Behind The Scenes Shots: Athlete Portrait Shoot

On Friday I did a series of promo shots for Performance Compound, a training facility where a lot of pro athletes train, everyone from NFL players to Major League Baseball, and did about 14 portraits that day assisted by Brad Moore and crew (that’s Third Baseman Sean Buckley above) and I thought I’d share a couple of finals here, along with the behind-the-scenes photos and the post-processed and unprocessed images.

This entire process is the same as what I showed on my Light it, Shoot it, Retouch it tour, with the addition of one extra back light on the subject (as you’ll see in a moment). Here goes:

1. Above: here’s the shot as it came out of the camera. I used a Grid on the beauty dish above his head to get a quick fall-off on the light. My main concern here is the side lighting from the back, and that part looks good. His face is supposed to be darker.

2. Above: Here’s the shot with some simple, quick adjustments in Lightroom’s Basic Panel (if you don’t have Lightroom, it would be exactly the same settings in Photoshop’s Camera Raw). The settings are below.

3. Above: I wasn’t kidding about simple adjustments: Just increased the Whites a bit, plus lots of Clarity and I lowered the Vibrance a bit to desaturate his skin. I also took the Adjustment Brush, increased the Exposure slider a little bit (dragging to the right) and painted over his face to brighten it (It’s supposed to be a lot darker than the sides, but I thought it was a bit too dark). The white balance was set to Auto in my camera and look fine in this case.

4. Above: Here’s a behind-the-scenes shot of the lighting set-up: 17″ beauty dish with a grid: two strip banks in back on the sides with fabric grids. We have a tiny bit of light on the white background to make it a very light gray (if we turned the power up, it would turn solid white). Production photo by Brad Moore.

5. Above: Here’s a composite from the exact shot you see in #4. The two backgrounds (here and at the top) are from an awesome company called “Photo Art Streetscapes” (link). Their stuff costs a bit more, but it’s totally worth it.

As for matching him to his surroundings: I showed the techniques of how to match the overall color and tone of the composited image on my live “Light it, Shoot it, Retouch It” tour, and in my “Light it, Shoot it, Retouch it “ book as well (Amazon or Barnes & Noble), and Matt covers all of this in his Compositing Secrets book, too! (Amazon or Barnes & Noble).

Well, there ya have it —- short and sweet. Hope you all have a fantastic Tuesday! :-)

  1. I see I missed guessing the light on the white backdrop. That one surprised me just a little bit, but I’m guessing the background was a bit too dark without it.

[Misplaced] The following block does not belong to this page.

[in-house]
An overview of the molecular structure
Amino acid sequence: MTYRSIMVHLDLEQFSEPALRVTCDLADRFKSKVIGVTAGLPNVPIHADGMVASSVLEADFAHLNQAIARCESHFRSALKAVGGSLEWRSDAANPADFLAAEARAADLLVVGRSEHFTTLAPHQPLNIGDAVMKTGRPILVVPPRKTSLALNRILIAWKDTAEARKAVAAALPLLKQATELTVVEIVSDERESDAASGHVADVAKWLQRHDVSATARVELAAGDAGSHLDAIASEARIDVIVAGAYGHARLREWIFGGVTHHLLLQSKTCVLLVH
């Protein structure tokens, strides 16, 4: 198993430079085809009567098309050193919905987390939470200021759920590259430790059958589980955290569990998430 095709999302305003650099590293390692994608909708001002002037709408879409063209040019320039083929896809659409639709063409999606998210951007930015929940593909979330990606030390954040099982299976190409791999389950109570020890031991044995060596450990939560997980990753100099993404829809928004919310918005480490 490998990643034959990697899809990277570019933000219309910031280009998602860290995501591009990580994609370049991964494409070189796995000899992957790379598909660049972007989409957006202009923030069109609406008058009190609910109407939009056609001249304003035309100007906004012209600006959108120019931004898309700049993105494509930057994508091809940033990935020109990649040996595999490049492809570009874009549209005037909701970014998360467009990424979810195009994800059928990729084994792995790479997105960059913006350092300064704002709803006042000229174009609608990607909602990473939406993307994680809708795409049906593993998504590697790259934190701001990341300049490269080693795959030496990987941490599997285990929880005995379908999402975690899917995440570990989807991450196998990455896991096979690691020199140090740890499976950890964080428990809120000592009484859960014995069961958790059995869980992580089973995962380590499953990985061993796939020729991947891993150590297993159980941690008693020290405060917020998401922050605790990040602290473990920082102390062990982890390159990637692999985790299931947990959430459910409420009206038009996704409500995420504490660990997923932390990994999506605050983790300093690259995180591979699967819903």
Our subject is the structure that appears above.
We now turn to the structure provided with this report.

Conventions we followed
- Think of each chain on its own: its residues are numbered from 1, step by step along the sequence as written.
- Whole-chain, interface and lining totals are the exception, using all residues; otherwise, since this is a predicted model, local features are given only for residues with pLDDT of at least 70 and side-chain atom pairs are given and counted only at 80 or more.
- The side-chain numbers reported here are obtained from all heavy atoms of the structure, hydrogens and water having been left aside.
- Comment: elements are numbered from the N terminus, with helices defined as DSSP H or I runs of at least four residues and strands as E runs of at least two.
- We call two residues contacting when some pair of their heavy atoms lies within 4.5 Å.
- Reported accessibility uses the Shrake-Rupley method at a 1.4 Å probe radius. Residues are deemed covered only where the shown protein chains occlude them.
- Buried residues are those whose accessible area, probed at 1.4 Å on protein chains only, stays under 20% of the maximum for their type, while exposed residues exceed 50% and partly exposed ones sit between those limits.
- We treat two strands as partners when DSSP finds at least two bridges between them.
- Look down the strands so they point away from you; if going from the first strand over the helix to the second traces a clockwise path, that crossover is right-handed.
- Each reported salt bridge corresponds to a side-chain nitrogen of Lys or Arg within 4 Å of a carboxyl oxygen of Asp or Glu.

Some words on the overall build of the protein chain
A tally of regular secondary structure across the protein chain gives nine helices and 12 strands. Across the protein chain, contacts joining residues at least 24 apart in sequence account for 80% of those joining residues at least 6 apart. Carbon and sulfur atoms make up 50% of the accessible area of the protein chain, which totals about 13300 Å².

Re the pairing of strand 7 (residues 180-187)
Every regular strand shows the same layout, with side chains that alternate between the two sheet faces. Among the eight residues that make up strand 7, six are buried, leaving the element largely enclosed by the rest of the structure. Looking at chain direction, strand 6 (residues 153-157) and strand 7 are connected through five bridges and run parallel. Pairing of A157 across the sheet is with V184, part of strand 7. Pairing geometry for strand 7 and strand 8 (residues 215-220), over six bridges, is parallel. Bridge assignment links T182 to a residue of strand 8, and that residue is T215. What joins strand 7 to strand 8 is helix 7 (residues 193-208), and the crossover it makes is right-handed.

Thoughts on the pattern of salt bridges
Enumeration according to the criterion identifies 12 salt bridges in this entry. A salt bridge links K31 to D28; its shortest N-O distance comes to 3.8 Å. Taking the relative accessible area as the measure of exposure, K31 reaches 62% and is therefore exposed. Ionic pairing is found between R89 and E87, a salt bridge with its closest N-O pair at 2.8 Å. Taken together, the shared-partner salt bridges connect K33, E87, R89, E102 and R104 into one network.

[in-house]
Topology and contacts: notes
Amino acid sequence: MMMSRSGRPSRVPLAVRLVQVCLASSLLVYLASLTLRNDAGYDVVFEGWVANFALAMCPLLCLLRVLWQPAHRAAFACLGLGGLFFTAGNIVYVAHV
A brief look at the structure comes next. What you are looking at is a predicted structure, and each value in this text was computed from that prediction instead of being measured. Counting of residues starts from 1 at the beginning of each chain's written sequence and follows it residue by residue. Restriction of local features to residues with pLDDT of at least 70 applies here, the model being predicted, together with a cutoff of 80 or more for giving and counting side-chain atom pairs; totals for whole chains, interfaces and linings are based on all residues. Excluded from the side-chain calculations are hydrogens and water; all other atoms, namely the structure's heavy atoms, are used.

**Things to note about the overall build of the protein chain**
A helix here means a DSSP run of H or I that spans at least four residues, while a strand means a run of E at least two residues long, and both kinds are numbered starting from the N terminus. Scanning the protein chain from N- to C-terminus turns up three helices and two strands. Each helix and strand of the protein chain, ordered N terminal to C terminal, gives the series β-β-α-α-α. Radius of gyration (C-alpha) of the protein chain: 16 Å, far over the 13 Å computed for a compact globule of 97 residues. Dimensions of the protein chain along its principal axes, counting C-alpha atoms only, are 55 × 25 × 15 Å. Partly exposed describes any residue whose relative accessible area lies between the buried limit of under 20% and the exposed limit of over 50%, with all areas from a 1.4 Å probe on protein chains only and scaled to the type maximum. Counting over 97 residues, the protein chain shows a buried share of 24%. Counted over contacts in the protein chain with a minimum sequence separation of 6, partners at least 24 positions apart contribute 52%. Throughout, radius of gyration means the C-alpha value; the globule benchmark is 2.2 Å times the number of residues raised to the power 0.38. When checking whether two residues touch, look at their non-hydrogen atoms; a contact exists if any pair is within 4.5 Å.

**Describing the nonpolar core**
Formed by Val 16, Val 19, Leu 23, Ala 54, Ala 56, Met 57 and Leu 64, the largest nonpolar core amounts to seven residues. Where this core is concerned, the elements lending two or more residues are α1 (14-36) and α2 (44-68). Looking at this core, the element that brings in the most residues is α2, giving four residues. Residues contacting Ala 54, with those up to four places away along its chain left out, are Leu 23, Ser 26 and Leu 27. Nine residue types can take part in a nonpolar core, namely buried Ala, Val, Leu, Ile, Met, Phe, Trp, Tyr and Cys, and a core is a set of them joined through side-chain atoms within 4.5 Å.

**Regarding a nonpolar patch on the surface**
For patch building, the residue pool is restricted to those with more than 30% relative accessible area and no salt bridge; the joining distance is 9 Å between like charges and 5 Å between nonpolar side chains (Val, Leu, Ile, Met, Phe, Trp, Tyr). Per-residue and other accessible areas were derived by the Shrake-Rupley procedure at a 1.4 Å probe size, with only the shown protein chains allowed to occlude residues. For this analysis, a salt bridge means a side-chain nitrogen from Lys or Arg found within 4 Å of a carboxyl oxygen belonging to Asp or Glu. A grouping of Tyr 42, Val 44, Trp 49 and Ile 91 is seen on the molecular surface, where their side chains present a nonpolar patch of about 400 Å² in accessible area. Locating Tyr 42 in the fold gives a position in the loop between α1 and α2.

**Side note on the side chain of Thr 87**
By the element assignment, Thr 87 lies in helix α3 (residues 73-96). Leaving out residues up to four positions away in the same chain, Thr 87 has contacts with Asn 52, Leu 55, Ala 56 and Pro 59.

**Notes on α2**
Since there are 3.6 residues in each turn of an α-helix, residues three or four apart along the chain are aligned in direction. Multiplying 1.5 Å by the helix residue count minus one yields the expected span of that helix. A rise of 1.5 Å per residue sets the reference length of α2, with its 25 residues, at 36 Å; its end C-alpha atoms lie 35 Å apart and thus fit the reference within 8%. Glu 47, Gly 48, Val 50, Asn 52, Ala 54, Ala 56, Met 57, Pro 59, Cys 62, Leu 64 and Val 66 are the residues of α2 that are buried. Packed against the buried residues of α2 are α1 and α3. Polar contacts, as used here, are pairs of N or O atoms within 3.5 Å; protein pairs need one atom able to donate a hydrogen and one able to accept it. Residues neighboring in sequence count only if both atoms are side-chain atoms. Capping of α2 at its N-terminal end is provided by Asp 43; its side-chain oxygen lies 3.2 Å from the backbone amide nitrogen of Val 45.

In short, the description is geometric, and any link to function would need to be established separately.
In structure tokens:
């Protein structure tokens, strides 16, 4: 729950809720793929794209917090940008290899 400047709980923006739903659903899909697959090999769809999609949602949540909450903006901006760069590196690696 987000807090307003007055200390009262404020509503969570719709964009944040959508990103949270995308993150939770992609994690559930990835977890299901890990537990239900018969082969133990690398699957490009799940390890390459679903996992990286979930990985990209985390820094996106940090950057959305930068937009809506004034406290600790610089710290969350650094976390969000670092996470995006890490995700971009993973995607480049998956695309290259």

Thanks for sharing the setup. I always enjoy these lessons.

    1. Hey William. Yeah, the background fell to a very dark gray so we had to light it a bit. Brad put diffusers in front of the background lights and then I had him pull them way back to lower the amount of light even more so it didn’t go white. Only took a minute or two of tweaking, but I really wanted that light gray — make the selecting job a cinch.

      1. Scott, What changes would you make to the background lights if the background was say a Savage Thunder Gray, which is a darker shade of gray?

        Thanks for the great blog post.

  2. Awesome post as always, Scott. I think you met to say when you grabbed the Adjustment Brush, you “decreased” the exposure by dragging to the “left” to make his face darker. Of course it’s early and I haven’t had my coffee. Thank you for all you do.

  3. Did you light the background so you could select him better for the composite? I wouldn’t have lit it at all if I was going to blend him into a scene later. However, if that trick works then I’ll use it. Great shots. I refer to the LSR book frequently for tips, great reference.

  4. Great post, Scott. Short and sweet, but it shows how simple these kinds of shoots can be. It’s been awhile since you did one of these posts…Brad’s behind-the-scenes shots are particularly helpful! Will these shots be used for an local ad campaign for Performance Compound?


  5. Scott, I love what you do. But in this picture, your subject looks a little bored or dead in the face. For me, your subject needs an expression on his face to sell the shot. I’m sorry, he is just a guy holding a bat.

    Great post work as always.


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